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No Intentional Passes

As baseball fans await Sunday, March 30th, Opening Night for MLB as the Los Angeles Dodgers and Arizona Diamondbacks will meet in Sydney Australia, its time to freshen up on the lingo used in America’s pastime.  Whenever a clutch or power hitter faces a pitcher with runners in scoring position on either second or third base, its not uncommon to intentionally or unintentionally walk this player to face a less dangerous batter.  Great pitchers will try to fool these individuals with throws that look like a good pitch before falling out of the strike zone.  Although they may give up a walk, broadcasters will use the phrase, unintentional / intentional pass.

In life, this term has become too familiar, excusing individuals for their actions, behavior and comments.  Like Adam in the Garden of Eden, Genesis 3:12, people have become experts in playing the blame game, passing the buck to someone else more fitting.  To escape punishment, rationalization has become a way of life to avoid consequences, shifting all the responsibility like a dishonest politician.  If this trend continues, no one will accept blame or take the fall, dodging the truth with distortion and lies.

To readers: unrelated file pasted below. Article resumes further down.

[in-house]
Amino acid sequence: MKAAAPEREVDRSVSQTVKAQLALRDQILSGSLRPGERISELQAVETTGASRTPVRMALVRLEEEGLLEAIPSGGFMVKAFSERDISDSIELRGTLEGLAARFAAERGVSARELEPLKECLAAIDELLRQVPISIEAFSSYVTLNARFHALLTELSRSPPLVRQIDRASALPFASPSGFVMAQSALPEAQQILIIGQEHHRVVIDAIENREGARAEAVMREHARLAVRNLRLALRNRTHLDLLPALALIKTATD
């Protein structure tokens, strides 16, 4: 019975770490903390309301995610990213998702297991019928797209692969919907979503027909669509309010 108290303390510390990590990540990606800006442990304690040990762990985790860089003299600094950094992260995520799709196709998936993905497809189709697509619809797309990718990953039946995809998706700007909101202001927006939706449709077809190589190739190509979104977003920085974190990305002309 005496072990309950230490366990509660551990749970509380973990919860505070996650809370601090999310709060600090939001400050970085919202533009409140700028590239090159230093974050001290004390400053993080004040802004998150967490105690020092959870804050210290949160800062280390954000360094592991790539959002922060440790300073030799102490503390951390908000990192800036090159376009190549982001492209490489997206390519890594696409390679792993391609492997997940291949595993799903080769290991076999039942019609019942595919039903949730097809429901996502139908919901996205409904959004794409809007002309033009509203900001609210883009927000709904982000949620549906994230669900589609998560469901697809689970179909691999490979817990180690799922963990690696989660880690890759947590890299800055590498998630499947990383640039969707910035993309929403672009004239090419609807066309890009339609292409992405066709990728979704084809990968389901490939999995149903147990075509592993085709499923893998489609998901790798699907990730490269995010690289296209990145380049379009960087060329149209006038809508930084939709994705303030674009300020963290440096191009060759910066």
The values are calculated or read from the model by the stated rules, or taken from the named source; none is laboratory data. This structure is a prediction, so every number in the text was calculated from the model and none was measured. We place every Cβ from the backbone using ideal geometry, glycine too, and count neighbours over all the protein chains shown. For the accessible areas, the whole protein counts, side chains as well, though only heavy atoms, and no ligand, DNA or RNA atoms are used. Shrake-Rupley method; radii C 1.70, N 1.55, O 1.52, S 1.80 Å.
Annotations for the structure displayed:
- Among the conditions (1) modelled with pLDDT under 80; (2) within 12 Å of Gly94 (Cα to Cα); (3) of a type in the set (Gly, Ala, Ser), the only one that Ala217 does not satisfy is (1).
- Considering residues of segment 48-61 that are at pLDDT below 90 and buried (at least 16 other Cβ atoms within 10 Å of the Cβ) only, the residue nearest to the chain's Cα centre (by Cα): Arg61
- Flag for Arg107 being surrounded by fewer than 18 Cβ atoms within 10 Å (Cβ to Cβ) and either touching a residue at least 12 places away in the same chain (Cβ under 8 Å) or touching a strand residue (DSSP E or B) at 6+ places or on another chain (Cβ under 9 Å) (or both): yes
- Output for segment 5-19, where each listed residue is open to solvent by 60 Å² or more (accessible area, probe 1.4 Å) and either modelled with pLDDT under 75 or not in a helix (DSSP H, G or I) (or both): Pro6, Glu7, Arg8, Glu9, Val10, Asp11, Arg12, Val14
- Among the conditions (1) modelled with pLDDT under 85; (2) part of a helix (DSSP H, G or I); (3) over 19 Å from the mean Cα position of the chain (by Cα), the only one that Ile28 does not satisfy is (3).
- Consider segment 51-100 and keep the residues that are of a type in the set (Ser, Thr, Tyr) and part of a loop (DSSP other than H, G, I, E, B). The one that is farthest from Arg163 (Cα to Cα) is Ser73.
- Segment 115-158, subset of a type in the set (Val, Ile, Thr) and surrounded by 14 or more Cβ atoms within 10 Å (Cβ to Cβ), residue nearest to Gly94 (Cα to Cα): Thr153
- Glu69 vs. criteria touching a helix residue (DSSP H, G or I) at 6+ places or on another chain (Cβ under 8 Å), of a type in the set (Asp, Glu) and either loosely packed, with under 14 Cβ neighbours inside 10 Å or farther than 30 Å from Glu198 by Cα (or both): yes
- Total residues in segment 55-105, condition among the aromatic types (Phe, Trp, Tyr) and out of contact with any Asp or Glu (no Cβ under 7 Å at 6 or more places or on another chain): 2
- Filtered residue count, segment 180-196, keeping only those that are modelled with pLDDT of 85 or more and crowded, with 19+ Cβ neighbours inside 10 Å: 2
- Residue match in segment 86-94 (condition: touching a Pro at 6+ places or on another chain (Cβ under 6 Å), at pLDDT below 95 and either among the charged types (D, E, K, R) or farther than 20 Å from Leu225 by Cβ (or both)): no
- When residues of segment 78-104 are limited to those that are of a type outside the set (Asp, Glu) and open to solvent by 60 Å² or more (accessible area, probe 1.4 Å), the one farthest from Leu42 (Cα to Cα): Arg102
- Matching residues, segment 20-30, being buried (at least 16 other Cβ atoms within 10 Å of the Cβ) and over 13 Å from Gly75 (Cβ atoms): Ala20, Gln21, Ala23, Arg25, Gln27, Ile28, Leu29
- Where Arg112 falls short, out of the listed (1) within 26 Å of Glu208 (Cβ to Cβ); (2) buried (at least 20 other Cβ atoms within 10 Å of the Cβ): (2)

According to Moses in Leviticus 4:22 and 4:27, unintentional sin is a common occurrence.  If someone has not heard, does not know or hasn’t been properly informed about God’s command, this individual is deemed amoral, not knowing right from wrong.  However, once this information has been clarified, no intentional passes should be granted.  Guilty parties should follow the principle set forth by Jesus’ own brother, James 5:16.  Since Jesus has become today’s great high priest, no shedding of blood is necessary anymore, Hebrews 4:15-17.  Thus, when you are convicted of a trespass against one of the Bible’s laws, approach the throne of grace with confidence God will pass over your sin, leading you around the bases of life.

Do you have a story of starting over that you’d like to share with my readers?

by Jay Mankus

 
    
 

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